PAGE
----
For many college freshmen, transitioning from the structured lesson plans of high school to the hands-off learning environment of a college campus can pose a challenge – fortunately, though, not for Theus McBee ’16 (ACES). Before he had even graduated from Hartford’s Classical Magnet High, McBee was already getting a taste of what UConn would be like.
As a high school senior, he completed a college course in advanced classics through the University’s Early College Experience (ECE), a program that allows motivated students from public and private high schools across Connecticut to take university courses taught by specially trained teachers at their school. Through ECE, students earn high school credits and, at the same time, credits that can transfer toward a degree at UConn or other universities.
Taking a UConn course during his regularly scheduled high school day allowed him to transition into the rigor of university academics more easily, says McBee, now a UConn freshman and first-generation college student.
“I was able to gradually build my skills and get a feel for what college courses are like,” he says.
For high school students taking part in ECE, exposure to UConn courses can also open their eyes to possible careers, says Brian Boecherer ’03 (CLAS), associate director of the Office of Early College Programs.
“For a student who maybe doesn’t know if they want to go to college, they take an ECE class and say, ‘I can study this and turn it into a career?’ It flips a switch,” he says. “It takes that population of students who are maybe in the gray zone and it ignites that fire, that academic interest – instead of just going to college because Mom and Dad say so.”
10,000 and growing
Established at UConn in 1955 and previously known as the High School Co-op Program, ECE is the oldest program of its kind in the U.S. Also among the country’s top three largest programs in terms of student enrollment and course offerings, UConn’s ECE allows high schoolers access to 50 UConn courses in more than 20 disciplines – ranging from physics to American studies.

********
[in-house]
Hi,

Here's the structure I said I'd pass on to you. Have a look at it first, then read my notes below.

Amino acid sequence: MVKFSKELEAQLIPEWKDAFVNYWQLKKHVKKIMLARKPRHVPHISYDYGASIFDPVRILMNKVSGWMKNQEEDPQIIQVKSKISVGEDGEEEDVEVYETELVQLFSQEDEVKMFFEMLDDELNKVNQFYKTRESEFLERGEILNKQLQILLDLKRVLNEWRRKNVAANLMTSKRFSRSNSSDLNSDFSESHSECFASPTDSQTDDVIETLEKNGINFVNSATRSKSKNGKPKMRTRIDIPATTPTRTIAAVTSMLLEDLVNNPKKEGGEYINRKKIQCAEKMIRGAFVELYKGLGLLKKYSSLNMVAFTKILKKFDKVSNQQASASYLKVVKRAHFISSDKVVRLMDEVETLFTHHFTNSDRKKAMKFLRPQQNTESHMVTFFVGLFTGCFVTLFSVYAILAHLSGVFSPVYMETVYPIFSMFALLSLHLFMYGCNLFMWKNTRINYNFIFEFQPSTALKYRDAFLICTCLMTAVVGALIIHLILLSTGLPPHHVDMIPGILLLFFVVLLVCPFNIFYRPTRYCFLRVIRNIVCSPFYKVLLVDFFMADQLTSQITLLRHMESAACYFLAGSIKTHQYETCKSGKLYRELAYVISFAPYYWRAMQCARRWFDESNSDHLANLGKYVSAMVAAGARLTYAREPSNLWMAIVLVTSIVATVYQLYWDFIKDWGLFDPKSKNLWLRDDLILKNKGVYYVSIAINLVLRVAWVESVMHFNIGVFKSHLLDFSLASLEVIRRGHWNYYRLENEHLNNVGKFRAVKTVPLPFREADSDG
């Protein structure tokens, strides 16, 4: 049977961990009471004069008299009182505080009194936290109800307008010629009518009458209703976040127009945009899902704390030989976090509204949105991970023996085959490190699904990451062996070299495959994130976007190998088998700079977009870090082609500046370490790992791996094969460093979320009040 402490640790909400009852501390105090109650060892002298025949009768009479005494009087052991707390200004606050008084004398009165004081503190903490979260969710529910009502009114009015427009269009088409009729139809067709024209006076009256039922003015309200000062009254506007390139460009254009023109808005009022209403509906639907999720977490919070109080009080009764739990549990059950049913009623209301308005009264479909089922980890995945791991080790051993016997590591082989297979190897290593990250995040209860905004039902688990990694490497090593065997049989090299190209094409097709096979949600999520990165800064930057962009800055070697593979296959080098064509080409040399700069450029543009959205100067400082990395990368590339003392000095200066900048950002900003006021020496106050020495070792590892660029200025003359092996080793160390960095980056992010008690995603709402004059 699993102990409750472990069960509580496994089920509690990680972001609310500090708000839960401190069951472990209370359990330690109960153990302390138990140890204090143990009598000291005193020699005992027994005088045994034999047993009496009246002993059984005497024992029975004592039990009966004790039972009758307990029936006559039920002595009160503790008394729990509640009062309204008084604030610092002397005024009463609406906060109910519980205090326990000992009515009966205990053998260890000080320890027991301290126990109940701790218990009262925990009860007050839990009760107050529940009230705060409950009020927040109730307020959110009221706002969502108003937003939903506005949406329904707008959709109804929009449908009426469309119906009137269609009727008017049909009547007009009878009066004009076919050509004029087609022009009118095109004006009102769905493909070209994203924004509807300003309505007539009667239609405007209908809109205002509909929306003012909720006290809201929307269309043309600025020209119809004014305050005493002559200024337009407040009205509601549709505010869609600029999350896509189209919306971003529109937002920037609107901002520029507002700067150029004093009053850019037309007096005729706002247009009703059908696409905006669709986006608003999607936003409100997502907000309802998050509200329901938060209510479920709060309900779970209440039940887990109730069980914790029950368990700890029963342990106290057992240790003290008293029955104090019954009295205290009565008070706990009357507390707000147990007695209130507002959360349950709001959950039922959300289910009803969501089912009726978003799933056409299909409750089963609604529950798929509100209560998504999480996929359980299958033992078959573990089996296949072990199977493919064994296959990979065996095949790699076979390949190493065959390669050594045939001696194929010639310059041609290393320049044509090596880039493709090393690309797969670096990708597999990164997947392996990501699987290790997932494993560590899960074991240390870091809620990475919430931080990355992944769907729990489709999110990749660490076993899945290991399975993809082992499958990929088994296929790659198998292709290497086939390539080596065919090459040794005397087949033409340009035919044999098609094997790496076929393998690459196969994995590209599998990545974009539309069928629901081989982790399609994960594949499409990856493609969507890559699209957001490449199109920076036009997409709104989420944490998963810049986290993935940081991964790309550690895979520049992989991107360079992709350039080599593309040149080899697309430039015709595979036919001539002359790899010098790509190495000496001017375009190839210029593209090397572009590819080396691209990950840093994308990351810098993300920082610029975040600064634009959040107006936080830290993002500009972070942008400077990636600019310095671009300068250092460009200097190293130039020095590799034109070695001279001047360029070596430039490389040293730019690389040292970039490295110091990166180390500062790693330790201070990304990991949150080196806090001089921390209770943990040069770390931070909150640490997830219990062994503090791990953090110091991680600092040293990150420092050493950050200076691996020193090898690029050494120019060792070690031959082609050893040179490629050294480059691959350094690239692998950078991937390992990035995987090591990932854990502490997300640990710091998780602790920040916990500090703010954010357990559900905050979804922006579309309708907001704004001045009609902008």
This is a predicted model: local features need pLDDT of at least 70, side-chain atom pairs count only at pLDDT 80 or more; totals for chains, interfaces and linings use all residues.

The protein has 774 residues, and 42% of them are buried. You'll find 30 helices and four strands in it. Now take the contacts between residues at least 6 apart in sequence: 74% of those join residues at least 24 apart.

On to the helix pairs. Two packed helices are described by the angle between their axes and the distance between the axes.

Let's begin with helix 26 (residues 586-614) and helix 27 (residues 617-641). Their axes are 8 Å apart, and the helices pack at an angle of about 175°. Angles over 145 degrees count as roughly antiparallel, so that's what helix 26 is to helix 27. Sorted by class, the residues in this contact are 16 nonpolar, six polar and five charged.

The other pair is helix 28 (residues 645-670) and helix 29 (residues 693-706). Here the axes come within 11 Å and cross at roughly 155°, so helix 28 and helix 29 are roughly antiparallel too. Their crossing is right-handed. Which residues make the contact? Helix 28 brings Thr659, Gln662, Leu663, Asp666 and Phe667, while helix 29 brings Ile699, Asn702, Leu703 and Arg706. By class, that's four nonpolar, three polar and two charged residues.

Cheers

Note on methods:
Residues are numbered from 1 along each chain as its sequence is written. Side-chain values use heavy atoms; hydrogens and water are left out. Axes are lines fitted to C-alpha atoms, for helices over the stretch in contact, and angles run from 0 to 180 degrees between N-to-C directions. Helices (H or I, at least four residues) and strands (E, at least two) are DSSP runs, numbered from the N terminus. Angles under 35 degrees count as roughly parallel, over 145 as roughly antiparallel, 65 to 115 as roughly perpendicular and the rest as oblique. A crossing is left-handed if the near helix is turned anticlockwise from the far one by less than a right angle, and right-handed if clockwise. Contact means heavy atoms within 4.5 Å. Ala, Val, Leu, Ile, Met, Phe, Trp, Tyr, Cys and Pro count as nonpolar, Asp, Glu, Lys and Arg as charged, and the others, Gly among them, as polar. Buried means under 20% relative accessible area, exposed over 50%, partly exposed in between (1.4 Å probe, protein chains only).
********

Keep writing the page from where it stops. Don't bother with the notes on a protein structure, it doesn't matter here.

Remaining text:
The program reached a milestone this past fall, now serving more than 10,000 students at 165 high schools statewide. Currently, about 900 high school teachers are certified by the University as ECE instructors and, as part of the program, designated as adjunct UConn faculty members.
The nationally accredited program is based on standards that assure that the UConn courses taught in high schools are in fact the same as courses taught on campus, says Gillian Thorne, director of the Office of Early College Programs. “The standards have been adopted by many states across the country and accreditation mandated in order to validate the concept that certified high school instructors can actually teach college courses – and teach them very well,” she says.
Karen Cordero, a teacher at Bolton High School, is in her fifth year as an ECE instructor. Teaching a UConn environmental science course, she has seen several of her students go on to major in and pursue careers in the field. “I love the fact that they can get college credit for a class that I absolutely love,” she says. “The ECE class is far more detailed with information; it’s engaging and more career-oriented.”
In addition to offering high school students a glimpse into college academics or potential career paths, ECE gives a jumpstart to students striving to keep costs down by finishing college in four years or less. In fact, students who participated in ECE during their high school years and later enrolled at UConn are consistently 18 percent more likely than other UConn students to graduate within four years.
ECE does not exclusively target high schools with the best rankings or highest test scores. “It has an impact on the quality of education throughout the state,” says Professor Tom Recchio, who has led the coordination of UConn’s ECE English courses since 1989. “[For] a lot of schools that are underfunded, particularly urban and rural schools, it does enhance their curriculum … and really provides material support for our teachers.”
There are also benefits to the University. For one, ECE students matriculating at UConn arrive accustomed to college coursework – a plus for UConn professors. “They see the students coming in very well prepared,” Boecherer says.
And with thousands of ECE students statewide completing UConn degree requirements while still in high school, there is less of a demand for introductory courses once those students enroll at UConn as freshmen. That effectively opens up course sections for other incoming freshmen, saving money for the University, while allowing ECE alumni to advance more quickly.
For instance, says Boecherer, “They don’t have to go through the Freshman English course. They can just jump into an Irish literature or Shakespeare course.”
Last but not least, ECE instructors enjoy networking with UConn faculty, who guide them in developing ECE coursework. During ECE professional development workshops held at the University throughout the year, ECE instructors and UConn professors collaborate and swap ideas.
“Everyone really likes the collegial interaction,” Boecherer says. “That’s where the magic is: Seeing that exchange.”
For more information about ECE, visit ece.uconn.edu.